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China’s Coal Cap Policy Will Create More Clean Energy Jobs

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Originally published on NRDC.

China’s national policies to control coal consumption can lead to greater and better employment opportunities in China’s power sector and related industries, according to a new study released today by the China Coal Cap Project, a joint initiative of academic, governmental and non-profit researchers. The study analyzes the overall employment benefits of establishing a national coal cap policy starting in China’s 13th Five Year Plan, which begins next year.

“If a national coal cap policy is implemented, the renewables, clean energy and energy efficiency industries will create many more new jobs than those lost in the traditional coal mining and coal-intensive industries,” said Dr. Pan Jiahua, Director of the Chinese Academy of Social Sciences’ Institute for Urban and Environmental Studies. “And most of the newly created jobs are decent jobs with better working environment and higher technical skills, to replace low quality unstable ones.”

Coal cap policies will most heavily impact the power sector. Jobs in the coal-fired power industry will decrease, while those in alternative energy – wind, solar, hydro, nuclear, and biomass – will continue to increase. Because the wind and solar industries require more employees in installation, operation and maintenance than the coal-fired power industry, coal cap policies will increase overall employment opportunities and skilled jobs in the power sector as a whole.

“Our research shows that you can reduce pollution while creating new jobs and increasing economic security,” said Dr. Yang Fuqiang, Senior Advisor on Energy, Environment and Climate Change for the Natural Resources Defense Council (NRDC). “Advancing energy efficiency, wind, solar and other clean energy will do far more for China’s employment rates than the coal industry, which requires fewer workers by the day.”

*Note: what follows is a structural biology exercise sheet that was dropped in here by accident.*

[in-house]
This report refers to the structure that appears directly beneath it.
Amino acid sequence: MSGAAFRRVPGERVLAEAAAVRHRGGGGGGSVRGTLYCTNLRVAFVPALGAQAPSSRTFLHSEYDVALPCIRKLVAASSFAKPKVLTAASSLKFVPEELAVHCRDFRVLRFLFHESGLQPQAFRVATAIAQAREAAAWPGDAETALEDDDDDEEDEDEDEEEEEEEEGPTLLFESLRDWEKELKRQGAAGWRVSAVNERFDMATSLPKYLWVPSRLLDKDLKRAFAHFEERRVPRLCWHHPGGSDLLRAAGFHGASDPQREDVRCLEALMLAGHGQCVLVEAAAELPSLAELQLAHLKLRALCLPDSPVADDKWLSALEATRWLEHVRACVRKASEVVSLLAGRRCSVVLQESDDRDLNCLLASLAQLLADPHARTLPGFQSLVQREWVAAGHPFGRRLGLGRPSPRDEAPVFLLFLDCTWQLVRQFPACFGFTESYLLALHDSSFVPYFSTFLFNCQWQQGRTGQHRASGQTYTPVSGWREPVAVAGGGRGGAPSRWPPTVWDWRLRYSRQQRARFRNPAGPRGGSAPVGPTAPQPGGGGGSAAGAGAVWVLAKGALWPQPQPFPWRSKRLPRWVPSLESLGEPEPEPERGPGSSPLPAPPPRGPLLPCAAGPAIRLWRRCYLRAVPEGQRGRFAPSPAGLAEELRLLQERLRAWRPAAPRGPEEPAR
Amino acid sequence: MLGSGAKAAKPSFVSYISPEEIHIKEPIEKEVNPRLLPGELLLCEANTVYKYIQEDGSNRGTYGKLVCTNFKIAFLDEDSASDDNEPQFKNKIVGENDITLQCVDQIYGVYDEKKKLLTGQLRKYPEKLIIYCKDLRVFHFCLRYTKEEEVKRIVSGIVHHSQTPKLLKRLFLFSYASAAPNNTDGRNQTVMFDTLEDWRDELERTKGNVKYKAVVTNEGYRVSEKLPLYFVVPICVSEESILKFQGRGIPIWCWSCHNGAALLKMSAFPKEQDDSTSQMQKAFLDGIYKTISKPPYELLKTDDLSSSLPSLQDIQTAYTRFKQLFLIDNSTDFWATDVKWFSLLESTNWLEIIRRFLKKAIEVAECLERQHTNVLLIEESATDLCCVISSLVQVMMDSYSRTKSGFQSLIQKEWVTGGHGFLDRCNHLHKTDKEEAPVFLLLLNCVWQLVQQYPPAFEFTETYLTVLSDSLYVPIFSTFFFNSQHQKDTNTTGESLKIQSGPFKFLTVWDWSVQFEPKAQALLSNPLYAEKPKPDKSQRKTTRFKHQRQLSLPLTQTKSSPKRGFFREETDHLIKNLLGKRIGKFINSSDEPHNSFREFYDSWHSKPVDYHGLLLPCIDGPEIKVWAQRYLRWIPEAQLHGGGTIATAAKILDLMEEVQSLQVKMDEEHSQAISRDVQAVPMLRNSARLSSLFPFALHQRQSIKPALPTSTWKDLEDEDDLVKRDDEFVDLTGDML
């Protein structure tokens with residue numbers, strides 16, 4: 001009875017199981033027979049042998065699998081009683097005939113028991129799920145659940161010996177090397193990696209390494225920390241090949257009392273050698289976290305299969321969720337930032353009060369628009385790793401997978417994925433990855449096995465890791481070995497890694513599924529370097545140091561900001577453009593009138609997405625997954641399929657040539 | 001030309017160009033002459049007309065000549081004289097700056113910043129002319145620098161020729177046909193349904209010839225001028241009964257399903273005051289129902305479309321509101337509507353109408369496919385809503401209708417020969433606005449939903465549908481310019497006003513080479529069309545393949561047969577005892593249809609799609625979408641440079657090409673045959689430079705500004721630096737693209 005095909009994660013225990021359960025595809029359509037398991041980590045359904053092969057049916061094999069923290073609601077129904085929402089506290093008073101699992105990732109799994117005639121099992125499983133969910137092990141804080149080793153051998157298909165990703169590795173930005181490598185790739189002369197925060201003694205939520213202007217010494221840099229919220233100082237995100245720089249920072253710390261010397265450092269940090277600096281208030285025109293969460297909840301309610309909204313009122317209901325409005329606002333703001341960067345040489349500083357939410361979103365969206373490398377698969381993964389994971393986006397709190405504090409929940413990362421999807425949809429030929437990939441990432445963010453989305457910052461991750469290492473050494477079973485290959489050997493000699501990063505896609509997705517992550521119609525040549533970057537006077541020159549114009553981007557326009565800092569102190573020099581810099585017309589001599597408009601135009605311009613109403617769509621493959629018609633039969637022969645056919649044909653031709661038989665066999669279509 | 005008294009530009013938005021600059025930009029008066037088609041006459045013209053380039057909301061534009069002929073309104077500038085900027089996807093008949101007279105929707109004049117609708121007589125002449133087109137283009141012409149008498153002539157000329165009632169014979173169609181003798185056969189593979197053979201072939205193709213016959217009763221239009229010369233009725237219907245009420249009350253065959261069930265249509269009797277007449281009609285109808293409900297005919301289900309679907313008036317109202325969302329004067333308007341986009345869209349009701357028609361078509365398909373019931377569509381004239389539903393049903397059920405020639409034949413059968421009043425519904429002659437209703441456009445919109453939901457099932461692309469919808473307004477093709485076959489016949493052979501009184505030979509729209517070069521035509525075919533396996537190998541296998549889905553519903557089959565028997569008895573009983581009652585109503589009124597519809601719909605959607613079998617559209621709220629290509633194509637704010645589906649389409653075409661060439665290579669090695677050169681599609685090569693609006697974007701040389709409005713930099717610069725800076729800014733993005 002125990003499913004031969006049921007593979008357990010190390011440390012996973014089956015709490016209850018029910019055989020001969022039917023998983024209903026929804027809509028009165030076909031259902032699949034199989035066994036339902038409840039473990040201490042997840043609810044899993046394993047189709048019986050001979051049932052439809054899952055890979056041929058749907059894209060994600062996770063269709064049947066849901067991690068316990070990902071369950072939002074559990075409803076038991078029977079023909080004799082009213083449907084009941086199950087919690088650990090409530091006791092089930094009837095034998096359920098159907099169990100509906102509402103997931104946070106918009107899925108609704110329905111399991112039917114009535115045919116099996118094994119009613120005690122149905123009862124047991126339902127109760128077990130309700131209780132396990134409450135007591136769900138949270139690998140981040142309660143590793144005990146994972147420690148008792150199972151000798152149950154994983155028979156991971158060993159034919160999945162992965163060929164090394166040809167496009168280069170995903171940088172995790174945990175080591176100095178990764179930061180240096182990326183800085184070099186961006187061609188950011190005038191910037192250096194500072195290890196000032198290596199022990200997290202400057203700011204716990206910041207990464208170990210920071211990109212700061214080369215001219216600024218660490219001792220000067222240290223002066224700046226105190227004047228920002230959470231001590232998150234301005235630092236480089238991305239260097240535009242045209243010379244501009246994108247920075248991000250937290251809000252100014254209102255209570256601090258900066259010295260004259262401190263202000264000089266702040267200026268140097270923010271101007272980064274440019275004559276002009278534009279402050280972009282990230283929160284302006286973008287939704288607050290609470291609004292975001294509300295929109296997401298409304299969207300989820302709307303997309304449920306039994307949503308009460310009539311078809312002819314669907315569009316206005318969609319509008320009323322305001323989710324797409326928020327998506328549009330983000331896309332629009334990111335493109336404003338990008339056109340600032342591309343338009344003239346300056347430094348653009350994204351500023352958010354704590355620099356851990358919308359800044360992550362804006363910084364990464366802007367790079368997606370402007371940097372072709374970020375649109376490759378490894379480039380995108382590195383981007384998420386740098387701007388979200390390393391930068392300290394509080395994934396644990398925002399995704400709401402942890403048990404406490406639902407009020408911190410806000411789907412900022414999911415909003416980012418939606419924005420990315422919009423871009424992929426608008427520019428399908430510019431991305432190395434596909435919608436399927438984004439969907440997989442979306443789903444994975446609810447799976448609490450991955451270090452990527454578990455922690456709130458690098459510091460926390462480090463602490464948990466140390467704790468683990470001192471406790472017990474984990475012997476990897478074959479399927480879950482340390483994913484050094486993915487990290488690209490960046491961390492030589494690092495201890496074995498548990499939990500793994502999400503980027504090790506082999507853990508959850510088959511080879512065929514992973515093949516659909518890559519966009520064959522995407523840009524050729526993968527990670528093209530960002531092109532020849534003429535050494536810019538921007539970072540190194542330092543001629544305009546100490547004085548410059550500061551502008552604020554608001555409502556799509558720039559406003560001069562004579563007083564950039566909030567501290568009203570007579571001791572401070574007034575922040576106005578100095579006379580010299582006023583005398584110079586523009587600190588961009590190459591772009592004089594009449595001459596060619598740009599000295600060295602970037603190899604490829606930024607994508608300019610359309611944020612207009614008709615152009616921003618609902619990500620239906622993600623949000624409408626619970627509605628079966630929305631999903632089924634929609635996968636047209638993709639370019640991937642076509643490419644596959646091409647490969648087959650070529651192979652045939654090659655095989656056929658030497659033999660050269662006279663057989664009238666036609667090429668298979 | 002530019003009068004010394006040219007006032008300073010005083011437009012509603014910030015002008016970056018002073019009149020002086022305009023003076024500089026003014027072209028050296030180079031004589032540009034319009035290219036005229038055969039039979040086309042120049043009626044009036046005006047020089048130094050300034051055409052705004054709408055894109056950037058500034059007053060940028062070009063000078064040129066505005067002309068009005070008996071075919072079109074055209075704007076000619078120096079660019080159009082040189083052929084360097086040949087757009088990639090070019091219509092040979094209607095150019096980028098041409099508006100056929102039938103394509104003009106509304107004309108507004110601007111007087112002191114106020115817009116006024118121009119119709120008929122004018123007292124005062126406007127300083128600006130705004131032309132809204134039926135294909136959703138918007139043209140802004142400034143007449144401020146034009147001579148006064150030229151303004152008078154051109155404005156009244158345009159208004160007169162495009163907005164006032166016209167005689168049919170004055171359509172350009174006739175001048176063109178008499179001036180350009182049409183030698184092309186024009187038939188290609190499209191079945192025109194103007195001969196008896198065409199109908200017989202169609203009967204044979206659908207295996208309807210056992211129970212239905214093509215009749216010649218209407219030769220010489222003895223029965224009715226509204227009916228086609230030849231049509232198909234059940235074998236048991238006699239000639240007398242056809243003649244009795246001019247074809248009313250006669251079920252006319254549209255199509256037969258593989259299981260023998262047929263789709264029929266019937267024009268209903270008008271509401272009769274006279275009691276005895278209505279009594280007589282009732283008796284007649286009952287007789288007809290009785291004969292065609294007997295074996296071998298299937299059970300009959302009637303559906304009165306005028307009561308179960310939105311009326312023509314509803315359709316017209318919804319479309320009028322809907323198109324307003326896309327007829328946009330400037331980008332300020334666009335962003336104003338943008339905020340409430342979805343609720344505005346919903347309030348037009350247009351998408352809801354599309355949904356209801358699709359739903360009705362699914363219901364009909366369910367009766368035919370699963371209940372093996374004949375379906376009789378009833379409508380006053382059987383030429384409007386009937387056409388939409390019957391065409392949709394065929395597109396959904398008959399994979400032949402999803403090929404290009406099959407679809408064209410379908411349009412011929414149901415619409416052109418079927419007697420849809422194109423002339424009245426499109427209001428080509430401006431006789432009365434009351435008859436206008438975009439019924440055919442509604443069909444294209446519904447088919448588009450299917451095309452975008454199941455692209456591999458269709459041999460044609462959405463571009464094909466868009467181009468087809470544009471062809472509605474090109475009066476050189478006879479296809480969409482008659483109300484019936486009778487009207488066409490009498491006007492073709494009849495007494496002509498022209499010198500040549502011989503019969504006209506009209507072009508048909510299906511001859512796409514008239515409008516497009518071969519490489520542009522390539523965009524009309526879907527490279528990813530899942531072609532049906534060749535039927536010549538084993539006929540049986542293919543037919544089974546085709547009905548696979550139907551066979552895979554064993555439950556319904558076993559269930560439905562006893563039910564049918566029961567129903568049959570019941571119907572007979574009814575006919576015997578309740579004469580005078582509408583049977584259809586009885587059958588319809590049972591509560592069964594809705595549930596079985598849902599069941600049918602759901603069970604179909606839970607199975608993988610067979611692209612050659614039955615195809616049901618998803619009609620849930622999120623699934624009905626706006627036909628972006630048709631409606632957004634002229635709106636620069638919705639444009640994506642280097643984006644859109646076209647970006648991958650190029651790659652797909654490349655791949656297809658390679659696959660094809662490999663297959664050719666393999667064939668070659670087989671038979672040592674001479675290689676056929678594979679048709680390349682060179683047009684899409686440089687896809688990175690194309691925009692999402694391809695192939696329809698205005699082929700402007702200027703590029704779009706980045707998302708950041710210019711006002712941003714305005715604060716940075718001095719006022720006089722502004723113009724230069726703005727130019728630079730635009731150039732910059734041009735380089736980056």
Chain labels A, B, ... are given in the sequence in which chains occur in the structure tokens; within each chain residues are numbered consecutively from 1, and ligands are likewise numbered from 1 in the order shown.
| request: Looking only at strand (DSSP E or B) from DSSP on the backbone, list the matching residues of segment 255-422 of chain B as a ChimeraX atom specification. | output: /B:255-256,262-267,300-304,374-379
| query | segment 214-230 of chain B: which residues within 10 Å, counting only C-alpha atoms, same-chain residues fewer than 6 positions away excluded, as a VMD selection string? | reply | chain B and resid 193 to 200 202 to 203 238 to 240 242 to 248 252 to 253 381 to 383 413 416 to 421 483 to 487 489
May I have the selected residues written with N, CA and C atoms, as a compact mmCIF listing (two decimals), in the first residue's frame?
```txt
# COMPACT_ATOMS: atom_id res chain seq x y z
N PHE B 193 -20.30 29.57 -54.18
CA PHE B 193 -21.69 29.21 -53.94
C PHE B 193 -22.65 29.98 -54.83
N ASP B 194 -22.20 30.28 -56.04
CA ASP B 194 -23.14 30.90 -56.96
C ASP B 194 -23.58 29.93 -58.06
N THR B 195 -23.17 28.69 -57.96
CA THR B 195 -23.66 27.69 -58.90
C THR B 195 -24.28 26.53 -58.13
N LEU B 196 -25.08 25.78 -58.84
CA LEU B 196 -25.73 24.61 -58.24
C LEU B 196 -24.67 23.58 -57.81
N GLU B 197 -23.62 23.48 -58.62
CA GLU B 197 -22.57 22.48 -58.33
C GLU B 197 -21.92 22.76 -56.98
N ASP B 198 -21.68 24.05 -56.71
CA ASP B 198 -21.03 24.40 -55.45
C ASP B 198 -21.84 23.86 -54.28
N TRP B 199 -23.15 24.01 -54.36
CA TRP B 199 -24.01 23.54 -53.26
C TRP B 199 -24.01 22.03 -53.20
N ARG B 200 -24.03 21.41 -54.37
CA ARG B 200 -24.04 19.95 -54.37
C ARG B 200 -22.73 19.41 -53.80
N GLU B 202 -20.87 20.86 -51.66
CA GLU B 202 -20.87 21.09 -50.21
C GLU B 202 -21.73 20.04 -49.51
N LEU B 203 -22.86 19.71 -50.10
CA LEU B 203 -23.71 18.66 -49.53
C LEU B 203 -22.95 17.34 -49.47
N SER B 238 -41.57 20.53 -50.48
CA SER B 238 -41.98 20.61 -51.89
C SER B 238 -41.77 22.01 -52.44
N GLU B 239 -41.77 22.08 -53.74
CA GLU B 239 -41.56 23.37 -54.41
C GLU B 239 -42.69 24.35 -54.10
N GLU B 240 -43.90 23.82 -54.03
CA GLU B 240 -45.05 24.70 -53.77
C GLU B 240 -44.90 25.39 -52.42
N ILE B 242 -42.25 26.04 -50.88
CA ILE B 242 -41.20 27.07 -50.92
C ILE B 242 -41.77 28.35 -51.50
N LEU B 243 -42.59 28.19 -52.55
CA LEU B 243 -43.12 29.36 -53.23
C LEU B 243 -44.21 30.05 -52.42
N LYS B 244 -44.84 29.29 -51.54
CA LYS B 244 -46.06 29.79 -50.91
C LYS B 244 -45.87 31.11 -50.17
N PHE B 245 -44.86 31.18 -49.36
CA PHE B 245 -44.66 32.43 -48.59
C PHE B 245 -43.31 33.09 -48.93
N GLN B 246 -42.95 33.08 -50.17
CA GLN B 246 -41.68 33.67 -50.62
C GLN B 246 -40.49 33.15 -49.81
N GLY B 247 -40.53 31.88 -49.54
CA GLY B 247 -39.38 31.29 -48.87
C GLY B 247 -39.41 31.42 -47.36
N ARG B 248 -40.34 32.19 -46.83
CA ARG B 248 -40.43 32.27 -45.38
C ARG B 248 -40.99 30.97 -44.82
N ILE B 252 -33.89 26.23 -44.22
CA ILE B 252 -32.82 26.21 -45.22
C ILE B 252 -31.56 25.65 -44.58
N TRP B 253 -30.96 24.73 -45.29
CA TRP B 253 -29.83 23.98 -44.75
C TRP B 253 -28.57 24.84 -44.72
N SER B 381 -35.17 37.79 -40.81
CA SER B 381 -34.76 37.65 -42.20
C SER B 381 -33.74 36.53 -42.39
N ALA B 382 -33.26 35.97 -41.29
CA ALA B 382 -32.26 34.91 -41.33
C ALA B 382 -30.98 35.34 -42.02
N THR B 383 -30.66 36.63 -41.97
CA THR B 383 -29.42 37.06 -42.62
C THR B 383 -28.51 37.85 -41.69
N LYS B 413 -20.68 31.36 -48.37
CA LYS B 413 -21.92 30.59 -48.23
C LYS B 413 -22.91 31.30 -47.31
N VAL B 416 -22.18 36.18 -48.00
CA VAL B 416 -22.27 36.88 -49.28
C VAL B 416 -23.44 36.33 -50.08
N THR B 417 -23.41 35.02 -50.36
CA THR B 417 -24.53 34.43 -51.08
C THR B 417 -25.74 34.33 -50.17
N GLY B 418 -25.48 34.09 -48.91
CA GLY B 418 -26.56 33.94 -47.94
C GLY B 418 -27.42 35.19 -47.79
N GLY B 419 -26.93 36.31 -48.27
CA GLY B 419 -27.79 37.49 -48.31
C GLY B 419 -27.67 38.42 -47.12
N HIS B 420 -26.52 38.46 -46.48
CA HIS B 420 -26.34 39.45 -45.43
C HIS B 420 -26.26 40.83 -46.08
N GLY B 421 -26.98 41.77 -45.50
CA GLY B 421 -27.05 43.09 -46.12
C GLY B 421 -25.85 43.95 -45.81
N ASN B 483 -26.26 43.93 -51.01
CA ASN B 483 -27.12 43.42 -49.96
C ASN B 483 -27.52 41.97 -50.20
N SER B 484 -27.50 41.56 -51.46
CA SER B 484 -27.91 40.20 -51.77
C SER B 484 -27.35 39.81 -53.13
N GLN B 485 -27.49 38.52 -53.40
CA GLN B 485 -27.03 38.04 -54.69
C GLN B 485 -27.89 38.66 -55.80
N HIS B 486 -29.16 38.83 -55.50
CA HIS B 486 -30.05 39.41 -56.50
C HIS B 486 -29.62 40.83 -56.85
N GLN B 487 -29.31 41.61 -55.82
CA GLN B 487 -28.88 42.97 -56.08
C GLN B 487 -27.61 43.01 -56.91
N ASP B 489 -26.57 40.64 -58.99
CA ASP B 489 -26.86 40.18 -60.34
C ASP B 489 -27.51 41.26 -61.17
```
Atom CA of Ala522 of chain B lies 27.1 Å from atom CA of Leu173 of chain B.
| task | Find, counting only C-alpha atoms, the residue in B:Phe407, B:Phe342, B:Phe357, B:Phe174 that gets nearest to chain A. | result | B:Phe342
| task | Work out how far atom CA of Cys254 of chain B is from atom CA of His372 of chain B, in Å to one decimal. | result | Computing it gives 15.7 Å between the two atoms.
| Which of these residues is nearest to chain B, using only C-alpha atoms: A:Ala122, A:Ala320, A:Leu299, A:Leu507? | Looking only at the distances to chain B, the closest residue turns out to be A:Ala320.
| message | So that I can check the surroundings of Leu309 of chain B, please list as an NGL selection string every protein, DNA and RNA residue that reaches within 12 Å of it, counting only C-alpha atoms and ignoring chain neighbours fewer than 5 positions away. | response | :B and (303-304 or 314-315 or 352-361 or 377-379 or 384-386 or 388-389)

New research and development of energy saving technologies will also create many new technical and service jobs in energy efficiency services. The study projects that by 2020, energy efficiency services required to meet a national coal cap in the building, iron and steel, and cement sectors will create 300,000, 450,000, and 390,000 new jobs respectively, bringing hundreds of thousands of direct new jobs and millions of indirect jobs to the market.

Capping coal consumption will also bring huge investments into clean energy development, benefiting service sectors such as finance, consulting, insurance, commercial weather service, environmental protection, education, and media. The expansion of these service sectors is expected to drive significant indirect job growth, providing citizens in urban and rural areas with more and better jobs.

Conversely, Chinese and international experience show that there is no clear correlation between coal consumption and overall employment because improvements in technology and efficiency will cause employment in coal production and coal-intensive industries to shrink naturally, even in the absence of coal-cutting policies. And while coal consumption policies will curb coal mining and related transportation jobs, it will replace these low quality, dangerous jobs with high quality, sustainable jobs in clean energy production and technology.

About the China Coal Cap Project:

As the world’s largest coal-consuming country, China not only faces domestic challenges from smog and other severe environmental pollution, but also international pressure on carbon emissions reduction. These circumstances provide a clear requirement for China’s future mid- and long-term energy transition: a total coal consumption cap.  As such, NRDC, along with over 20 leading Chinese stakeholders, including government think tanks, research institutes, and industry associations, jointly launched the China Coal Consumption Cap project in October 2013. The project aims to develop a comprehensive roadmap and policy package for establishing and implementing a binding national coal consumption cap that aims to help China peak its coal consumption by 2020. Accelerating the replacement of coal with energy efficiency and cleaner energy sources will fundamentally help China achieve its long-term economic, environmental, and climate goals. To learn more about the project, please visit:

Reprinted with permission.

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